While all these developments, if continued, might seriously challenge the dominance of the U.S. dollar as a world reserve currency and as an economic and political tool at the dispense of the US government, it is beneficial for the countries undergoing de-dollarization. The mainstay of these recent developments was efficiently summed up by Timothy Alexander Guzman, an independent researcher, and writer in the following words.
“It is no secret that US leadership uses the dollar as a weapon in its economic warfare against those countries, which reject bowing before Washington’s political elite. The US’ arm-twisting policies prompted the world’s nations, especially oil producers, to seek a substitute for the dollar.”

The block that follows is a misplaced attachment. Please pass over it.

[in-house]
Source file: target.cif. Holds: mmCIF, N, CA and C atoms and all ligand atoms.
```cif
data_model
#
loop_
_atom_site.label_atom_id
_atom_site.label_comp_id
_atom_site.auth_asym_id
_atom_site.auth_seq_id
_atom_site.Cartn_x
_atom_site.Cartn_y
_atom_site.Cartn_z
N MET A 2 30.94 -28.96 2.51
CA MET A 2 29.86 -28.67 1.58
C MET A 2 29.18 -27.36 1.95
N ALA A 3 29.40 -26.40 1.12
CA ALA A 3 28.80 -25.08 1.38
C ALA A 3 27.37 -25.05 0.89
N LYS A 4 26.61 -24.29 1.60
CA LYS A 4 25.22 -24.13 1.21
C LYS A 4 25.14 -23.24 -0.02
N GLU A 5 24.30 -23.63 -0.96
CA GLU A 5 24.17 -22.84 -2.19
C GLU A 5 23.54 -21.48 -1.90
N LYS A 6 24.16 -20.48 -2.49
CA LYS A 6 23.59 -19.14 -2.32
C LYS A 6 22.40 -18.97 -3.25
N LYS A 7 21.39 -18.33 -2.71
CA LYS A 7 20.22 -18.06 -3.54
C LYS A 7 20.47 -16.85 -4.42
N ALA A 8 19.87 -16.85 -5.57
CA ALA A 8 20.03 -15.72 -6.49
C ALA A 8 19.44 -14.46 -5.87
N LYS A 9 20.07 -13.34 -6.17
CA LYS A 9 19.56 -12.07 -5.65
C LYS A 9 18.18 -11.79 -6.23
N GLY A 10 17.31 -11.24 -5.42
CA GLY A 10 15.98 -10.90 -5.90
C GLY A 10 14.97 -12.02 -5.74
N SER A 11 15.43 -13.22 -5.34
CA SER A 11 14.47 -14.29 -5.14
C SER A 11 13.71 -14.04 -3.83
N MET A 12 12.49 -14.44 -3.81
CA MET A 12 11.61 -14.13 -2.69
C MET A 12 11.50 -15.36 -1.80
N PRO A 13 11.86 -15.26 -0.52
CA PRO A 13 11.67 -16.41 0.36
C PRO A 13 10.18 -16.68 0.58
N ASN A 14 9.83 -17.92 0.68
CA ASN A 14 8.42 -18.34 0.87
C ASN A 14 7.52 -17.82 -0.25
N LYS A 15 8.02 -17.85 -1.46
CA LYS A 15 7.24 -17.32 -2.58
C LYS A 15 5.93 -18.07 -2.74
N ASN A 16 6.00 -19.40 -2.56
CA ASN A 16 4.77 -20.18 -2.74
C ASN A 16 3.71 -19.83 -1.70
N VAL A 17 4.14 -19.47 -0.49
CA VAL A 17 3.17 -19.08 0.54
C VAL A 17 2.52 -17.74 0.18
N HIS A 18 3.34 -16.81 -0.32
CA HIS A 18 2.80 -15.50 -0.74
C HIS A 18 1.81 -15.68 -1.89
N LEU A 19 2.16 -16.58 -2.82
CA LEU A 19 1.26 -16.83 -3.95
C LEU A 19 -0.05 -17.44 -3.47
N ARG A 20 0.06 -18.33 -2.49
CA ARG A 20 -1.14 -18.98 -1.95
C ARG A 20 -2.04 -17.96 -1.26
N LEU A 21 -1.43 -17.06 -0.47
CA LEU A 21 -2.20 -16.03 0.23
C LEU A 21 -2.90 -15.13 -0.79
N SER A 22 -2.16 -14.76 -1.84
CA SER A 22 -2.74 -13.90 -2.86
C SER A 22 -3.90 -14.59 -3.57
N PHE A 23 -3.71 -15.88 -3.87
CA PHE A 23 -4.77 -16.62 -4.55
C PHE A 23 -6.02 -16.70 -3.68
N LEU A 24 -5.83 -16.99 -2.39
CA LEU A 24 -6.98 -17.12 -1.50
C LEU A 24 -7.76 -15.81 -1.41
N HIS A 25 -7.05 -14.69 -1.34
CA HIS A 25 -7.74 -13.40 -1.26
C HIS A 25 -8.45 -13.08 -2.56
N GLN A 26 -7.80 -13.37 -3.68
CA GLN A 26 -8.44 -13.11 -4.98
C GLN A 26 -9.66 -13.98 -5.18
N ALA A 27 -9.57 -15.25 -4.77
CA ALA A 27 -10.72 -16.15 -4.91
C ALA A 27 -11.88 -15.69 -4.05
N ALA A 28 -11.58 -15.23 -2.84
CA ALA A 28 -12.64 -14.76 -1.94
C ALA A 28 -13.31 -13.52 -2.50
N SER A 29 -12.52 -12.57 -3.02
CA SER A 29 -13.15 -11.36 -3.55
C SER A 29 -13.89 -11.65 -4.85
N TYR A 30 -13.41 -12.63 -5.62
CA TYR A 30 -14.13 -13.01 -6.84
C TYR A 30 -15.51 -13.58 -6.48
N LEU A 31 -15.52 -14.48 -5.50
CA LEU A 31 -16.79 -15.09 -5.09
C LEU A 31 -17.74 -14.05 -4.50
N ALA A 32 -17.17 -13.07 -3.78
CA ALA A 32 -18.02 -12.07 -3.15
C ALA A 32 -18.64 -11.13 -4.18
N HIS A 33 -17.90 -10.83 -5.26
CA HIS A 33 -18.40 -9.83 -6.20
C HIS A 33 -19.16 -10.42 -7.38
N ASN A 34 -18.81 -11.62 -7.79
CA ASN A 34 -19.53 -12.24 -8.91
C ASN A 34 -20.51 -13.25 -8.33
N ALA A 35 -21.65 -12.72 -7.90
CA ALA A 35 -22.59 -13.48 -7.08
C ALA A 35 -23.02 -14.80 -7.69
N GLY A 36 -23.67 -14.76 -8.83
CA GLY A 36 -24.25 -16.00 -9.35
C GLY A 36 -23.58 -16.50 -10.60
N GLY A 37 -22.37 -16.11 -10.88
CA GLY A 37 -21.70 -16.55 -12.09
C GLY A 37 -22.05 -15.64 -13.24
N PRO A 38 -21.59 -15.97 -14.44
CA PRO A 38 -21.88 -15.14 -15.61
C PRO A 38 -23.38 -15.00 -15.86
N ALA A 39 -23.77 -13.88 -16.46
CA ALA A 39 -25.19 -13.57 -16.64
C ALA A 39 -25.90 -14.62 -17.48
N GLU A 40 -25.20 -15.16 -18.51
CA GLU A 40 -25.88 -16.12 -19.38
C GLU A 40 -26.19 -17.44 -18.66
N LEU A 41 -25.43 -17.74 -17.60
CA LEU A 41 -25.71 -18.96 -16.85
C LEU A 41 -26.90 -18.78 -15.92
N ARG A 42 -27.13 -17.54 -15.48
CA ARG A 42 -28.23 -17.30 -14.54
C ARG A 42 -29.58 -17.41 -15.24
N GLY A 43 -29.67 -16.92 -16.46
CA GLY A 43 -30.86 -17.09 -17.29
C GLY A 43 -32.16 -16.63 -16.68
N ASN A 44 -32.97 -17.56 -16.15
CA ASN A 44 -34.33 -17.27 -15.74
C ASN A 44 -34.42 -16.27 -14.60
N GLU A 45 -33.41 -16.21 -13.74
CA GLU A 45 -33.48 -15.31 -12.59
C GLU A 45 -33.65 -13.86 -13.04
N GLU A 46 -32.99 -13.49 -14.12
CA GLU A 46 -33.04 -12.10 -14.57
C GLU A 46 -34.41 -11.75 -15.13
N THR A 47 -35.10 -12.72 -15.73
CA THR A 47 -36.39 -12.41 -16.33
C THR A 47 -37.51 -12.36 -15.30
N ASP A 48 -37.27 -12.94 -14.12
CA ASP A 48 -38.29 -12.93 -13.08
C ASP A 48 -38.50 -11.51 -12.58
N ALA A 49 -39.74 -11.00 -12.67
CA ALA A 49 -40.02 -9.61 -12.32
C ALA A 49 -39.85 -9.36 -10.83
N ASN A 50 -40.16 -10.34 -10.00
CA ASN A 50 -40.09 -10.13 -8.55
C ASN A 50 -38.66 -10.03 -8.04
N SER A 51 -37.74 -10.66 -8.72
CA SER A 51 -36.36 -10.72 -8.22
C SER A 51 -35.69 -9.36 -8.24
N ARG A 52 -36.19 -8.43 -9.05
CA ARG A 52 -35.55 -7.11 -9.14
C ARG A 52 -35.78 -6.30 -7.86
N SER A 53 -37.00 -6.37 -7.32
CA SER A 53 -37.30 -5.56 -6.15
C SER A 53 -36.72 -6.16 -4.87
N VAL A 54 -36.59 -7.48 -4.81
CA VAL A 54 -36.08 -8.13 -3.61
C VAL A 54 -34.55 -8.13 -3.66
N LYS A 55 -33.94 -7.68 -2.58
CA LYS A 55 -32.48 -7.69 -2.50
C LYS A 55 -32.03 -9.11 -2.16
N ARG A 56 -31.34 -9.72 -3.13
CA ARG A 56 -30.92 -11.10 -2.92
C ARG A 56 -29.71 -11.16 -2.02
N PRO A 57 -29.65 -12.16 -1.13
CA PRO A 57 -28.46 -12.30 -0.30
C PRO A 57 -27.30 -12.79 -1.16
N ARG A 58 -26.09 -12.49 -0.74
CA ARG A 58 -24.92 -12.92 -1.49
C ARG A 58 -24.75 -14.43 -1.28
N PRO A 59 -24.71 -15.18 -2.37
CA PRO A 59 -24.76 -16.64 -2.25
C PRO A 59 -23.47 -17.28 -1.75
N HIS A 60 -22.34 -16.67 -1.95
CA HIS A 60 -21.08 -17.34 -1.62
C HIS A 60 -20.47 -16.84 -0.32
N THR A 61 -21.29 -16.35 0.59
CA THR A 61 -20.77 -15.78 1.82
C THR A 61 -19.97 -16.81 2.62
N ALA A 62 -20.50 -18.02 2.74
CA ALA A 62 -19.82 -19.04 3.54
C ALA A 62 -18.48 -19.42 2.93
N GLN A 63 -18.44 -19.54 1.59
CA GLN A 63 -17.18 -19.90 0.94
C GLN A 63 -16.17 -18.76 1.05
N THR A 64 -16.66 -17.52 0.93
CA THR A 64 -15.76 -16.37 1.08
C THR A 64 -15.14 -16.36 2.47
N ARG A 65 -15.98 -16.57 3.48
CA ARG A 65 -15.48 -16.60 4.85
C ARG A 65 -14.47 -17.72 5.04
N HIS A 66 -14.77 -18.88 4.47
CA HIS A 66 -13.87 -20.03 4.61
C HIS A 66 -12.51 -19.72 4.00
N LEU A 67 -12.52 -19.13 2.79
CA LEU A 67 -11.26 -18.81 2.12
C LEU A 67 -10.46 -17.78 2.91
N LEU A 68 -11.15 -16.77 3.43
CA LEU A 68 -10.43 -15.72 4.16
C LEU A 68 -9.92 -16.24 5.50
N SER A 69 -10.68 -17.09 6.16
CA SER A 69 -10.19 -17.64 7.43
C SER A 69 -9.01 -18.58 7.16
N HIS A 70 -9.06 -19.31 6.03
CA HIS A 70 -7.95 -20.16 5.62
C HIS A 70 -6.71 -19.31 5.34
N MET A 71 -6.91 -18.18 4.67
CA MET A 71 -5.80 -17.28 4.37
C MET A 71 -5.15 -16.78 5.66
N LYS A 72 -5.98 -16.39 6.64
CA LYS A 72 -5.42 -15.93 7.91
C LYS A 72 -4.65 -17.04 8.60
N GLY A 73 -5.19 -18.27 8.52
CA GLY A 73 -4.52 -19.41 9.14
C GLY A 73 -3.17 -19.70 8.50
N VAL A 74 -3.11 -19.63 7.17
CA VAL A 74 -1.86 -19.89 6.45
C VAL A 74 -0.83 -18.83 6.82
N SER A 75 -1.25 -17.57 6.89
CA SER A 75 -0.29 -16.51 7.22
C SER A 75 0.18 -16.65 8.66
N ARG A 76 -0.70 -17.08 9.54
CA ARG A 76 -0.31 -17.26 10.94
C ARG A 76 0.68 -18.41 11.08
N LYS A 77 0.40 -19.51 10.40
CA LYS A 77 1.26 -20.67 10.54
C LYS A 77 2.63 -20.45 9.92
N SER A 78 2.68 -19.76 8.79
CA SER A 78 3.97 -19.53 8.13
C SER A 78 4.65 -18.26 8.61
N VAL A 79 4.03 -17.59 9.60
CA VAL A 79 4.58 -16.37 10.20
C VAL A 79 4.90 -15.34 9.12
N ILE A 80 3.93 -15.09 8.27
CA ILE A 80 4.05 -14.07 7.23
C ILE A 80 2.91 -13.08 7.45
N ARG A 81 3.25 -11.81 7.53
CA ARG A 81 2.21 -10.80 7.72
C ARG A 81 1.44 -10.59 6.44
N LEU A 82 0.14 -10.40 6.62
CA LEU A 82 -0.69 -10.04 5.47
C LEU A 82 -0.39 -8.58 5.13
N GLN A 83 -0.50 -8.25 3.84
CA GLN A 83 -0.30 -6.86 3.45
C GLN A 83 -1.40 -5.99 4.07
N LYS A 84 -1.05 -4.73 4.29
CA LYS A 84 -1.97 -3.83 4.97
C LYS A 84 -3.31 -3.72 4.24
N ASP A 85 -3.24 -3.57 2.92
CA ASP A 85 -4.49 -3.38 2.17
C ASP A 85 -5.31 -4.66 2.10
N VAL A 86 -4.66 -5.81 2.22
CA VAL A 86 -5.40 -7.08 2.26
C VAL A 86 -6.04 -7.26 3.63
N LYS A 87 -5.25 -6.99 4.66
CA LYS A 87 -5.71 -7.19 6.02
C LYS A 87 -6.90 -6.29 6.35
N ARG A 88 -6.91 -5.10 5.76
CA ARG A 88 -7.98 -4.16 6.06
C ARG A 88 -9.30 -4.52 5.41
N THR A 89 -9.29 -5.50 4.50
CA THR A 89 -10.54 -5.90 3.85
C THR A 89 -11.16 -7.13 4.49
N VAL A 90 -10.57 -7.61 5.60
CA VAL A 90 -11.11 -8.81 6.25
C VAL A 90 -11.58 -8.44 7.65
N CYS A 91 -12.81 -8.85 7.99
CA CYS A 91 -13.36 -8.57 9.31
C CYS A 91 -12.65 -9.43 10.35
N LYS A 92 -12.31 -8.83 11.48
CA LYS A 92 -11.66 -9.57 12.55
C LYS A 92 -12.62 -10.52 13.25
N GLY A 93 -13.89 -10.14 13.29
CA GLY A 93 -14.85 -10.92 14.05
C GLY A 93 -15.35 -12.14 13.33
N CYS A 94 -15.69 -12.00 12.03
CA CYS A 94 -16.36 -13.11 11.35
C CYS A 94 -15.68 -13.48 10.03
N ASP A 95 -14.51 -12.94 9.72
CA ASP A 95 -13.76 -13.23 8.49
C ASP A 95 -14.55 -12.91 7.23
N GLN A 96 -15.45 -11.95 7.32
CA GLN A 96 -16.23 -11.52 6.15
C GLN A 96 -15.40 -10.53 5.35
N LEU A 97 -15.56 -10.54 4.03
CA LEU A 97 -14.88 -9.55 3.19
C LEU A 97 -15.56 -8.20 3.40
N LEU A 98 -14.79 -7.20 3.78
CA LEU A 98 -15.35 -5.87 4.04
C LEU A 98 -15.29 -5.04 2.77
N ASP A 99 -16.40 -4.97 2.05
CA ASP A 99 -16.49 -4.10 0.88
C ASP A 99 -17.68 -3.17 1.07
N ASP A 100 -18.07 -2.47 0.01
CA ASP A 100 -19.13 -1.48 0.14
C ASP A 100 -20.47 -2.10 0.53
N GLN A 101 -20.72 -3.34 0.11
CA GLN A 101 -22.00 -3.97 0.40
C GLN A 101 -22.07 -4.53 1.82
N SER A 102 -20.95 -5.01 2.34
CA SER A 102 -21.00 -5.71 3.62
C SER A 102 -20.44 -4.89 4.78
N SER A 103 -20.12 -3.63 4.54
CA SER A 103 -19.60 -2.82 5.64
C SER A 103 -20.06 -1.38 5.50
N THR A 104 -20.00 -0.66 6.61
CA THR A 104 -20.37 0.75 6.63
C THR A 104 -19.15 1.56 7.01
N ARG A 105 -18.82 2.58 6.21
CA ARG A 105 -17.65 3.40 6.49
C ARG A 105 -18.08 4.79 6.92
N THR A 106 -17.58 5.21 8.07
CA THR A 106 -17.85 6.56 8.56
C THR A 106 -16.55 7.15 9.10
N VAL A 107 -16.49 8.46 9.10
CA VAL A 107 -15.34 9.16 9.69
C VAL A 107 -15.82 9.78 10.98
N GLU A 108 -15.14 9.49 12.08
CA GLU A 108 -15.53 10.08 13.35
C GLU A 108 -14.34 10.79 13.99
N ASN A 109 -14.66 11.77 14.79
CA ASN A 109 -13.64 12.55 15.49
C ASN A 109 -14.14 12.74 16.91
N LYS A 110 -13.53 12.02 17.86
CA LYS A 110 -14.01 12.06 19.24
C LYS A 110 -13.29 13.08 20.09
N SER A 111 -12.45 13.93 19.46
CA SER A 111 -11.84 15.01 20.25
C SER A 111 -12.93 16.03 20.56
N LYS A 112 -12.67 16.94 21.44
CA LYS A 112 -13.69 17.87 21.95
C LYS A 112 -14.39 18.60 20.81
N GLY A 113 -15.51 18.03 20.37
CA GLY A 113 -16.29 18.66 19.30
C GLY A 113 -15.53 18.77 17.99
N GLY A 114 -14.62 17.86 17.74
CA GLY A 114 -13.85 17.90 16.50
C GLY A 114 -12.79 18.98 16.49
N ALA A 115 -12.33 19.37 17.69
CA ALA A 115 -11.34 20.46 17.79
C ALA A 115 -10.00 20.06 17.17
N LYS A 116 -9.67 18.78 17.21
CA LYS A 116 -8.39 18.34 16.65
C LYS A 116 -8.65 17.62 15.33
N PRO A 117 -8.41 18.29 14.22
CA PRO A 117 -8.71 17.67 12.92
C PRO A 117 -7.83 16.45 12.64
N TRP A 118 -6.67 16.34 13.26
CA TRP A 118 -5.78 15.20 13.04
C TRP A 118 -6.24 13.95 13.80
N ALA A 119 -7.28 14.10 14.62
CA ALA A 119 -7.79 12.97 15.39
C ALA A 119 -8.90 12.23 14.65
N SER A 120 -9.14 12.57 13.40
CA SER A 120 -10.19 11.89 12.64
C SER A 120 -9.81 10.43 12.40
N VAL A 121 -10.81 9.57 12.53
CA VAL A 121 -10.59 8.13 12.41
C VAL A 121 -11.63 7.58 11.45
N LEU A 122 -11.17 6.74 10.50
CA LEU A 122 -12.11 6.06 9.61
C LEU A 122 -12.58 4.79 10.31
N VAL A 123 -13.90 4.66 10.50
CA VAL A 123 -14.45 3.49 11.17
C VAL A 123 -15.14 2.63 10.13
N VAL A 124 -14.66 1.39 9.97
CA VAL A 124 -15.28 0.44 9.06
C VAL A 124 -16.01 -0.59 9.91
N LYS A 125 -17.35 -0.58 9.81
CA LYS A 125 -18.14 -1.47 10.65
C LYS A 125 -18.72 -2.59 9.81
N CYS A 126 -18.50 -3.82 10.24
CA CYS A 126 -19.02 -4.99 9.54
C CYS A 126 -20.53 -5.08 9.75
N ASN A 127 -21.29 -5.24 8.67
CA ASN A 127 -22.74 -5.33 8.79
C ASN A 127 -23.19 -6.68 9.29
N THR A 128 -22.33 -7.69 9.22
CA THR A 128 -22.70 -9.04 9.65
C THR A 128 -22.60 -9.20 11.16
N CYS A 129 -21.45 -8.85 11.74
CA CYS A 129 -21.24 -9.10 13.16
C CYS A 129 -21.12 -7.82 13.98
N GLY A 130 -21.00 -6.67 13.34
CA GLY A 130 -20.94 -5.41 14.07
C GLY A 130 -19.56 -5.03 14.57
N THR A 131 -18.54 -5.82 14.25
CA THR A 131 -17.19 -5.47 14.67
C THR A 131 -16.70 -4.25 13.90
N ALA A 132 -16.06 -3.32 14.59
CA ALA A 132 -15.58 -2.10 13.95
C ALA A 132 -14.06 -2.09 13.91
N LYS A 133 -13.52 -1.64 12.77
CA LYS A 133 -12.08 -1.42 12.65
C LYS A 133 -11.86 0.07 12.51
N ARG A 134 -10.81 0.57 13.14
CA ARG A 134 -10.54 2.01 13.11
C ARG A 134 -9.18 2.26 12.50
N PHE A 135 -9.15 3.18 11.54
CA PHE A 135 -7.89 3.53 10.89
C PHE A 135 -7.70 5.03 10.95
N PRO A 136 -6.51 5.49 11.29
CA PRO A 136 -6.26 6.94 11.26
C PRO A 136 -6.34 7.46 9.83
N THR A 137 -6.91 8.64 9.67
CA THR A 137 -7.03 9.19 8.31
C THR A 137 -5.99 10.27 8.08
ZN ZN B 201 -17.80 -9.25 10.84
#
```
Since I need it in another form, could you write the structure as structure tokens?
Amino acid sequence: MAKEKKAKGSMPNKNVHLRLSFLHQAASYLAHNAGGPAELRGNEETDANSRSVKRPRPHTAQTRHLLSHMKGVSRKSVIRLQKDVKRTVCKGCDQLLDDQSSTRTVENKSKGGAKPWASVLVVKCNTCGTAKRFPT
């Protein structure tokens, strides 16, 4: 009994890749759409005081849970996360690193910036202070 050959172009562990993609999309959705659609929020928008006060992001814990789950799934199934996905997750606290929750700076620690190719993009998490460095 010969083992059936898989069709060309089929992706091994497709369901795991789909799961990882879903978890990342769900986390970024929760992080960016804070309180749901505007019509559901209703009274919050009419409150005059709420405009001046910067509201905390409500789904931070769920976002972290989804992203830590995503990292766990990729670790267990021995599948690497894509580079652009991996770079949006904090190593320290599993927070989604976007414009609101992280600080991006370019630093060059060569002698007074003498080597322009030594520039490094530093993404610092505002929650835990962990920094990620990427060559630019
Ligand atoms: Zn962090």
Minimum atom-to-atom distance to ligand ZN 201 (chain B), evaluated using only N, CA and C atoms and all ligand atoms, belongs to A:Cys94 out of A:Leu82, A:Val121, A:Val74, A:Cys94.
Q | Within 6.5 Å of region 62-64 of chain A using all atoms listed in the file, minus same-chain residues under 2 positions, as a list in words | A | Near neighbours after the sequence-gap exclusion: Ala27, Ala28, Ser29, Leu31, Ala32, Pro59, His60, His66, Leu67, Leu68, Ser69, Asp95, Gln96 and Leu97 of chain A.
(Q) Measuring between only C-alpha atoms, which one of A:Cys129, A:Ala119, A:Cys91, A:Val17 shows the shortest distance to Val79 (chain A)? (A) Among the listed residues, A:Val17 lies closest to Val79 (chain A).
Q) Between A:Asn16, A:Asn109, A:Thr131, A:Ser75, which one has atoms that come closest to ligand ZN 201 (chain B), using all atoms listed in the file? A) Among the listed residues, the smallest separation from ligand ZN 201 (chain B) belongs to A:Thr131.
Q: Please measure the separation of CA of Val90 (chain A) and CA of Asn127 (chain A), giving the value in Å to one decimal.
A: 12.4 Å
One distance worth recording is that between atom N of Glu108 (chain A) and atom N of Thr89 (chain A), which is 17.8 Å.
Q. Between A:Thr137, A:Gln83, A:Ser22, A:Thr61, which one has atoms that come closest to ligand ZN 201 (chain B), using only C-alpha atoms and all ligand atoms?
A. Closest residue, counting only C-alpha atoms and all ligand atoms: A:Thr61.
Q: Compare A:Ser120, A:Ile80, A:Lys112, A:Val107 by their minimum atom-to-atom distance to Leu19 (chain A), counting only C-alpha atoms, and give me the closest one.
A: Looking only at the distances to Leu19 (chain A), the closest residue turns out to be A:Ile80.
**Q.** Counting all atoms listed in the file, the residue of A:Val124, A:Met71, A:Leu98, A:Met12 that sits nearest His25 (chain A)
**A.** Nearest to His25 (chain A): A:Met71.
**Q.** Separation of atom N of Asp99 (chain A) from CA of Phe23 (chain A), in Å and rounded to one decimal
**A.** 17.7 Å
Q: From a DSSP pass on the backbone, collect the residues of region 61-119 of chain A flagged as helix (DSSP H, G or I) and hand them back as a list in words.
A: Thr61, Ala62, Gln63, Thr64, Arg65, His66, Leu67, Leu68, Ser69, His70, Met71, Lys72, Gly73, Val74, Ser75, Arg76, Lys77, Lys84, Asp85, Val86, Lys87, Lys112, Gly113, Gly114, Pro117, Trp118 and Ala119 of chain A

He further added that “The de-dollarization is an obvious backlash against the US’ longstanding policy of oppression of its geopolitical rivals. In fact, Washington has shot itself in the foot by imposing restrictions on Russia and Iran’s trade. No one likes a bully.”
Featured Image Via Flickr / Images Money